The night before the race I was exhausted and then I had a sleepless night filled with some lovely coughing fits.  So race morning, I woke up to lungs that were already very, very tired.  But I got up and got ready anyway and took the short walk from my hotel to the race start.  Lucky for me it was a beautiful day, wind free and already in the 40's at the 6am hour.

Being a part of the "Rock and Roll" race series, this was one of the larger races.  I don't know exactly but I think over 20,000 runners.  I lined up in my corral (#17 of 27), and although the race started at 7am, I finally got my turn to cross the starting line around 7:29am.
First the race runs through part of the city, I was actually doing okay the first couple of miles.  Around mile 2, I noticed all the coughing the night before tired the lungs out worse than I thought.
We did an out an back into some beautiful neighborhood area's just outside of the city.  Large gorgeous plantation homes, and cute homes with wrap around upper decks.  Great community out cheering and supporting the runners.

By mile 6, I was already feeling done in.  I had no energy, I was exhausted and for the first time EVER I was contemplating pulling out at the 1/2 way point.  Anyone who's ran a marathon before knows, that thoughts like that are horrible and should be avoided...  Especially early on with 20 miles to go.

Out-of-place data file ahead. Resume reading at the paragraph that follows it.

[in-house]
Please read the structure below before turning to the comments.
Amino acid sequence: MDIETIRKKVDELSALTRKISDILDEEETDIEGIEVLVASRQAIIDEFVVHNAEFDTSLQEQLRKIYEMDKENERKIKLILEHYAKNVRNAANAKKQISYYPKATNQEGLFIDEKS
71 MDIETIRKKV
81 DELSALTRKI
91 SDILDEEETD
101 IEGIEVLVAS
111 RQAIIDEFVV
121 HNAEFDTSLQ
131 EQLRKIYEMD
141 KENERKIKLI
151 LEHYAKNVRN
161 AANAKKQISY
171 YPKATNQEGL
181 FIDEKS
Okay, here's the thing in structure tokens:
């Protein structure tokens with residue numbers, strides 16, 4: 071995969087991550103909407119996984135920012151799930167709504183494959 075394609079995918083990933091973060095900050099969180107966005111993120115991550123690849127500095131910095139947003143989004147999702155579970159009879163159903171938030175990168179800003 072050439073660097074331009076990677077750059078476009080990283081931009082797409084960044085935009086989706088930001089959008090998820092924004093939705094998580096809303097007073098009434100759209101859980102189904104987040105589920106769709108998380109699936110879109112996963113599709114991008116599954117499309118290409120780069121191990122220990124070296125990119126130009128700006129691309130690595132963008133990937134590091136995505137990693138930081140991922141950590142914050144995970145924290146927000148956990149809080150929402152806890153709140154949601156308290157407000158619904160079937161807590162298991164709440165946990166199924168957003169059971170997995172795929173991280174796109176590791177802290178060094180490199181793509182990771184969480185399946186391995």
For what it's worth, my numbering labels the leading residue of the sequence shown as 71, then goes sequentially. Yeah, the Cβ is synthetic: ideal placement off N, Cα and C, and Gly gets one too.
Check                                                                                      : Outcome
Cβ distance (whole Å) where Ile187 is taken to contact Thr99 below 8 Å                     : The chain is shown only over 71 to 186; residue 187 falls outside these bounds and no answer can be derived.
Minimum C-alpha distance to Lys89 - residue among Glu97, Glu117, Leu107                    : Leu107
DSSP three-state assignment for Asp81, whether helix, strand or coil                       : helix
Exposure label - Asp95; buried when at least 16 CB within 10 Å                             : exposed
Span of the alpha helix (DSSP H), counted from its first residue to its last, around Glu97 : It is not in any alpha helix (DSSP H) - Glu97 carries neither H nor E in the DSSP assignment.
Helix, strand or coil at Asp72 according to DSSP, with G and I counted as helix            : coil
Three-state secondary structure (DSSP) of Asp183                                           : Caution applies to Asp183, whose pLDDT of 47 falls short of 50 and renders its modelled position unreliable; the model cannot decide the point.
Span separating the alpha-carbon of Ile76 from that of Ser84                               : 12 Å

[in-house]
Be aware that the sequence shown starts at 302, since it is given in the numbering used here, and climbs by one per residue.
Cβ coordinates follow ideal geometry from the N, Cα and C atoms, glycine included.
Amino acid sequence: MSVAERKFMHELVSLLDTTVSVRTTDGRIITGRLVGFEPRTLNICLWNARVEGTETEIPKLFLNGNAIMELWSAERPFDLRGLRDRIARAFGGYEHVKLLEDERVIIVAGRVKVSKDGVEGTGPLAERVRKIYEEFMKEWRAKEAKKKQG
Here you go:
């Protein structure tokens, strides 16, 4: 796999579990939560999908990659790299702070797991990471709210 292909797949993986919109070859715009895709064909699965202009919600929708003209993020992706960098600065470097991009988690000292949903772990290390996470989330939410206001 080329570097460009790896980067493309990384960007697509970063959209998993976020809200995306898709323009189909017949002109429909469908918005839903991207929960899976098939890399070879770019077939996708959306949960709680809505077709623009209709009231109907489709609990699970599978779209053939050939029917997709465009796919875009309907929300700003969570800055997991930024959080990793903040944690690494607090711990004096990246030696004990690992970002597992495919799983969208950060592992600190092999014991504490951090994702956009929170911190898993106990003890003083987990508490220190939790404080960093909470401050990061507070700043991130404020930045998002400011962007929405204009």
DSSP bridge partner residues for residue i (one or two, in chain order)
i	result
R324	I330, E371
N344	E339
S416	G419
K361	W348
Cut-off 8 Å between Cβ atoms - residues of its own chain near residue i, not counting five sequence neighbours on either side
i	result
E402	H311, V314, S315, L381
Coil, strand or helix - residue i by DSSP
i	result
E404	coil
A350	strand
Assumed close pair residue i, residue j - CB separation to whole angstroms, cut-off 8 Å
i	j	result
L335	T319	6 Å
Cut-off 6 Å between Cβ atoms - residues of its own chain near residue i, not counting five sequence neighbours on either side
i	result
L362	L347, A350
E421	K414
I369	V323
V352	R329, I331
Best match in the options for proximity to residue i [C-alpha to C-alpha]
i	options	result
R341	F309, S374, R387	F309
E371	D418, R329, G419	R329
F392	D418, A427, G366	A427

I noticed as I looked up in the tree's along the course, they looked as if decorated like Christmas.  Except they were covered, no littered and decked out in Marti Gras beads.  Just about every branch on the tree's had dozens and dozens of multi colored beads hanging from them.

By mile 8 we were back into downtown New Orleans.  As I passed my hotel my thoughts were, of how nice it was going to be in a few hours when I would return to it.
Then we headed directly into the French Quarter.  After passing some "quite interesting" looking sidewalk shops, we ventured into cute neighborhoods with antebellum type homes.
I don't know why, but I love the homes of the South, they just have so much character to them...

By mile 10 I made a decision, even though I seriously had no energy and I was miserably sick I wasn't going to pull out at the half way point.